Figure I
Diagram showing the complex life cycle of Plasmodium falciparum. Abbreviations: AA, amino acids; Ap, apicoplast; ART, artemisinins; DV, digestive vacuole; ER, endoplasmic reticulum; G, Golgi apparatus; Hb, haemoglobin; Hz, haemozoin; M, mitochondrion; ...

Box 1

The intraerythrocytic parasite and proposed targets of artemisinins

Human malaria-causing parasites have complex life cycles requiring both mosquito vectors and human hosts with three cycles of asexual and one cycle of sexual reproduction. One of the asexual phases takes place within the red blood cells of its host (Figure Ia). Invasive forms, termed merozoites, enter the red blood cell and remain relatively metabolically inactive (compared with the later asexual stages of development) for 10–15 h (the ring stage). The parasite then undergoes a rapid phase of growth over the next 25 h (forming the trophozoite stage), during which time the parasite digests the majority of the haemoglobin of the host cell and grows to fill >50% of the volume of the host cell. Haemoglobin is digested within a food vacuole (Figure Ib), which results in the formation of haem. As the haem is formed, it associates via one of the peripheral carboxyl groups with the Fe3+ of an adjacent haem to form insoluble haemozoin. It has been proposed, although not proven, that this process is aided by a protein termed the histidine-rich protein II. At the end of the trophozoite stage the parasite divides several times (the schizont stage) before the host cell lyses (some 48 h after invasion) to release the newly formed meroziotes that continue the cycle.

Artemisinins, which might not require activation by Fe2+, have been proposed over several years to target several different pathways (Figure Ib), including the heam detoxification pathway, the mitochondrion, the TCTP and a Ca2+ pump localized to the endoplasmic reticulum (termed PfATP6).

Haem pathway

Haemozoin is parasite pigment deposited within a food vacuole (Box 1) after digestion of haemoglobin. It has long been proposed as a target of artemisinins, although the plasmodial stages most susceptible to the activity of artemisinins are too young to manifest visible pigment (reviewed in Refs [19,20]). The endoperoxide bridge of artemisinins is proposed to be activated by ferrous iron to generate free radicals (of the oxy or C-centred variety) in in vitro experiments and, subsequently, to alkylate haem. As iron is the principal element deposited in haemozoin, digestion of haemoglobin by parasites is suggested to render them susceptible to killing by locally activated artemisinins.

However, several localization studies indicate that most artemisinin taken up into parasites is outside of their food vacuoles [21,22]. Some studies with fluorescent artemisinin derivatives show food vacuolar localization [23], perhaps representing trafficking of the fluorophore itself. This trafficking of a fully synthetic fluorescent antimalarial trioxolane might also explain differential localization results (one parasite with signal in the cytosol and the other in the food vacuole) observed for two parasites sharing the same erythrocyte [24]. Synthetic trioxolanes, such as OZ277, are more fragile than the semi-synthetic artemisinin derivatives when assayed in aqueous solutions [4,25,26], and they also seem to degrade easily within parasitized erythrocytes [27]. These properties might influence estimates of potency.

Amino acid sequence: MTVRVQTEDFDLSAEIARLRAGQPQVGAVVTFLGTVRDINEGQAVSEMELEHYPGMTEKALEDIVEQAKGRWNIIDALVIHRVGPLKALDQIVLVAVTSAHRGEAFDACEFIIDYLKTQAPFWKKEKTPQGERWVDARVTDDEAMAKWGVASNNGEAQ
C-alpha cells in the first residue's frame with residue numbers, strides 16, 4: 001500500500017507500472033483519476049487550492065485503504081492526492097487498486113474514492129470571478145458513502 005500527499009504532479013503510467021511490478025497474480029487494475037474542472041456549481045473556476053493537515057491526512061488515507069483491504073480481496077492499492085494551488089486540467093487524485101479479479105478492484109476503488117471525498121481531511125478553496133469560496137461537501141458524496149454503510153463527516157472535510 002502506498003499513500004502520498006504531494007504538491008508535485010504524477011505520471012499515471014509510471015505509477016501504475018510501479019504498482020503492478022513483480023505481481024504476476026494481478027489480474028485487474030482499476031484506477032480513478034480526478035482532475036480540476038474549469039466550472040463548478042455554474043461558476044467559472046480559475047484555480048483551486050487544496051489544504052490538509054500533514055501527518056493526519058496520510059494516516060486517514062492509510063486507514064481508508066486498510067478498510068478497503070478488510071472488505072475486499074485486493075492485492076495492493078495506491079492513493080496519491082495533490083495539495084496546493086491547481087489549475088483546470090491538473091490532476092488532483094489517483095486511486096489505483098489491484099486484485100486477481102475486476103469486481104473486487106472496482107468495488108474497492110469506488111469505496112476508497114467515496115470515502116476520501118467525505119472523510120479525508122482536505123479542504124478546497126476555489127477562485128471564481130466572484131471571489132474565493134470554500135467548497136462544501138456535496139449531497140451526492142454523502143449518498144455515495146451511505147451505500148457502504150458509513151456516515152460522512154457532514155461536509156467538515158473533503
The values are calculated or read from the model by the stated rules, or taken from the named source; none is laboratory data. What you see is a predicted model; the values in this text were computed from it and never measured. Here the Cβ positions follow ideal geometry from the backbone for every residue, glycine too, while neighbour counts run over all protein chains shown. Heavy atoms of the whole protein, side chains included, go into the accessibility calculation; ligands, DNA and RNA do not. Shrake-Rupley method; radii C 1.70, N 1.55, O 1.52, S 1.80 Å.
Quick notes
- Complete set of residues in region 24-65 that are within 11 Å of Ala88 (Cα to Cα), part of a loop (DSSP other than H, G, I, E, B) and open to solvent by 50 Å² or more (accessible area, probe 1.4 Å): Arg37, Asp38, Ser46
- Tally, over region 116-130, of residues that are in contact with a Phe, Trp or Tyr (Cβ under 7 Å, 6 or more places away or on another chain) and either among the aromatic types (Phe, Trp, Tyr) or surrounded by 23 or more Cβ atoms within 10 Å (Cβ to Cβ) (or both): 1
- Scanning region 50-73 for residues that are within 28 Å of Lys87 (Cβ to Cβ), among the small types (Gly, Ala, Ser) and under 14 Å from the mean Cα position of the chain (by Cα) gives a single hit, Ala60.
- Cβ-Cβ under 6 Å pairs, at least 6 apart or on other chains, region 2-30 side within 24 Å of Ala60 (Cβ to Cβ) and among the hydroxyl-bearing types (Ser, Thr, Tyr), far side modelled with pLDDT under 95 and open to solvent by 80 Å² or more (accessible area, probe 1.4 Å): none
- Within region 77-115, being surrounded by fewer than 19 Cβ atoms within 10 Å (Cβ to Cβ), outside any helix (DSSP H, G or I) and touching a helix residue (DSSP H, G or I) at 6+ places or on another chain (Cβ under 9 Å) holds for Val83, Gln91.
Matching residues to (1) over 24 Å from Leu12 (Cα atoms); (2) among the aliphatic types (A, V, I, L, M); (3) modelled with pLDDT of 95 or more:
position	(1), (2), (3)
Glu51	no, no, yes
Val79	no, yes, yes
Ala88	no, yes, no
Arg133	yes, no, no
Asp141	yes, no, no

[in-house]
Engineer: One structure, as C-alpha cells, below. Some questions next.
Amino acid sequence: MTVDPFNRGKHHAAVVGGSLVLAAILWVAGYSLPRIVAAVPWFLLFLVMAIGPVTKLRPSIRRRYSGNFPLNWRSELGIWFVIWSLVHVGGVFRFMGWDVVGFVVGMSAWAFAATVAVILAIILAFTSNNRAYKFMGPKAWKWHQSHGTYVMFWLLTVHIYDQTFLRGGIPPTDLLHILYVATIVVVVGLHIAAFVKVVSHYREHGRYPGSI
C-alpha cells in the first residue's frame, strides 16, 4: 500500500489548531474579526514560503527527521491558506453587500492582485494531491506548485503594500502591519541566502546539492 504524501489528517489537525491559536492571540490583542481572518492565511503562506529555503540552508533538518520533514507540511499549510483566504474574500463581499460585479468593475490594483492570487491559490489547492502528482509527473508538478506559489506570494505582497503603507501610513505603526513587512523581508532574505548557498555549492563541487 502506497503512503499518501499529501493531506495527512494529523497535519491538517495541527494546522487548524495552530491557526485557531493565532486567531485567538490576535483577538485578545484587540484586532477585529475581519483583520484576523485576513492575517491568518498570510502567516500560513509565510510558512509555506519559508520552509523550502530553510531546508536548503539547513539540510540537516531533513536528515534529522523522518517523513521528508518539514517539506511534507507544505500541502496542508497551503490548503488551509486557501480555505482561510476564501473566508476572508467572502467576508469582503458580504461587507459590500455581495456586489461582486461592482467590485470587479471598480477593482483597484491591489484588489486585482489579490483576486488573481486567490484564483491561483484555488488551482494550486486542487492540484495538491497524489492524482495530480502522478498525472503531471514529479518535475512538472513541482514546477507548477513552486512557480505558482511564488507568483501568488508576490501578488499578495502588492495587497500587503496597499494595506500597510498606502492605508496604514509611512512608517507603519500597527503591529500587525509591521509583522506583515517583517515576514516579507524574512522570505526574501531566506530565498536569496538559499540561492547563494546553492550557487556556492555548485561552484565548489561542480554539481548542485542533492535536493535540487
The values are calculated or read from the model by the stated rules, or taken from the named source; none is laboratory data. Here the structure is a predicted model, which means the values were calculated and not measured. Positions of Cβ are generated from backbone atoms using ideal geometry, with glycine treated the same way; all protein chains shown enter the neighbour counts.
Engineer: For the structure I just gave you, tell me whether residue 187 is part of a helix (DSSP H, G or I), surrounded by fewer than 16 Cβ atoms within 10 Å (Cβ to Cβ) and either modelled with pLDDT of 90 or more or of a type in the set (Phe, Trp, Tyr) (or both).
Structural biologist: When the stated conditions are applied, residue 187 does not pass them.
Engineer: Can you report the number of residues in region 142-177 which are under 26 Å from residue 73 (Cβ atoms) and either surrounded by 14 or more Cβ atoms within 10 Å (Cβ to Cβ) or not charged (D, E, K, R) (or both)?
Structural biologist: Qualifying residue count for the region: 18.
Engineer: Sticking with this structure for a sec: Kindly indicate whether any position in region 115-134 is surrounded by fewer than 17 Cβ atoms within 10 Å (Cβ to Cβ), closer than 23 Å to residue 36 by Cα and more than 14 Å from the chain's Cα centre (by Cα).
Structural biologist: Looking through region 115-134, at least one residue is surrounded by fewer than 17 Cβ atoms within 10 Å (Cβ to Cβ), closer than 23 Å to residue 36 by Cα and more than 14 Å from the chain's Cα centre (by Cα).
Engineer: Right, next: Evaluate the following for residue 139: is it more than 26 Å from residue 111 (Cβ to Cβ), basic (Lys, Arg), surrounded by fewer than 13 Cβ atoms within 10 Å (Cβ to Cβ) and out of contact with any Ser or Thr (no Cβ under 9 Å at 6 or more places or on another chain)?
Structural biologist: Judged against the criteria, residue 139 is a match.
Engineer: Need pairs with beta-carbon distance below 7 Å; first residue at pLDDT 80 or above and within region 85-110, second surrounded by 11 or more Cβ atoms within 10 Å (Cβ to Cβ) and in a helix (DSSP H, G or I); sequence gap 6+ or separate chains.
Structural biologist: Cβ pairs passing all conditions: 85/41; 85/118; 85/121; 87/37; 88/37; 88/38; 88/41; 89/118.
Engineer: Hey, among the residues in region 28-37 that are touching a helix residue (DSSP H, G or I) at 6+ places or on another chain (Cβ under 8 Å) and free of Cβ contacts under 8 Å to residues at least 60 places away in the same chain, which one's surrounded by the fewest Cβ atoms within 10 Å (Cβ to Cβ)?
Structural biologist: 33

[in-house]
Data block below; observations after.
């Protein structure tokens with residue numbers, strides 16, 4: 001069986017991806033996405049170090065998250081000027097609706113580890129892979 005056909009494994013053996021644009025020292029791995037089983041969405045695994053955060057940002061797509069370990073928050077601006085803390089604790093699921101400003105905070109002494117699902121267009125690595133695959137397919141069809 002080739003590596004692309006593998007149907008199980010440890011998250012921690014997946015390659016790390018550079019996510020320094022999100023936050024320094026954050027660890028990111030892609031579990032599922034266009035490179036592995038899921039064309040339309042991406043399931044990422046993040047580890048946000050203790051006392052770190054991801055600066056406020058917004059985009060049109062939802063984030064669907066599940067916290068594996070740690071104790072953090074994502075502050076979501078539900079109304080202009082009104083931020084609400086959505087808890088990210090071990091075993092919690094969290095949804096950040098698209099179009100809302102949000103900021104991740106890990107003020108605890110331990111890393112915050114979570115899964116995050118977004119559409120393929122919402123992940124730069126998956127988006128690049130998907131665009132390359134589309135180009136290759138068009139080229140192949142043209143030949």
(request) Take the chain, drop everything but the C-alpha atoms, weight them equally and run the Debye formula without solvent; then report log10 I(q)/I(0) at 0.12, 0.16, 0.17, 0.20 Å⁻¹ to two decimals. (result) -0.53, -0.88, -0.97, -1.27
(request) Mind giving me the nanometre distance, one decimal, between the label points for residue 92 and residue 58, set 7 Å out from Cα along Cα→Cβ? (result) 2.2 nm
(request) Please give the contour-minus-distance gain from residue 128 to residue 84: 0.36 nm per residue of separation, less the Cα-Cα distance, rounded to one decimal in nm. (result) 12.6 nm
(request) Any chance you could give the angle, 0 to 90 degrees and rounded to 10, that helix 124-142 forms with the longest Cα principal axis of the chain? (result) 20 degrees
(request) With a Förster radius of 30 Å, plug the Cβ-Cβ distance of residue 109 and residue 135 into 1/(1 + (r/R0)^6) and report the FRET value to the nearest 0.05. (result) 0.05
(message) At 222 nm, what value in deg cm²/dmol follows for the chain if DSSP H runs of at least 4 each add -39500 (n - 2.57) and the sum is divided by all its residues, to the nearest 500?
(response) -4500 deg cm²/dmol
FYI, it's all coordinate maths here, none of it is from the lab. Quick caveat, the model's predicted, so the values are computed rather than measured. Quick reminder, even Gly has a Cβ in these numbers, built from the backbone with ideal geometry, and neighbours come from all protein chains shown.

Further evidence for the irrelevance of parasite pigment in the action of artemisinins comes from their potent activity against non-pigment-producing apicomplexan parasites (see later). There is also divergence between some in vitro assays of haem alkylation by trioxolanes and natural and semi-synthetic artemisinins [25]. The correlation observed between antimalarial potencies of trioxolanes and their propensity to alkylate haem [25] is not observed for artemisinins, implying either that these classes of antimalarial might have different modes of action or that, indeed, the haem pathway might be irrelevant. The trioxolane OZ277 inhibits PfATP6 calcium ATPase activity when expressed in oocytes [24] at low (μM) concentrations. This might be owing to decomposition of the compound under the assay conditions or other aspects of the in vitro assay system. Study of more stable trioxolanes might resolve some of these issues. There is also correlation (r2 = 0.5, n = 38; p = 0.002) between parasiticidal activities of artesunate and OZ277 tested against field isolates, with no correlation between OZ277 and other classes of antimalarial such as quinolines [28]. This correlation might represent a general (non-target-specific) propensity of parasites to be susceptible to endoperoxides, but it is also consistent with the shared-target hypothesis for mechanisms of action, with PfATP6 being an example of such a target.

As a variant of the haem hypothesis, reaction with a histidine-rich protein of parasites (HRPII; Box 1) might also be involved in antimalarial activity [29] because HRPII aids digestion of haemoglobin. However, very little HRPII is secreted in early ring stages (Box 1), which are most susceptible to artemisinins [30,31].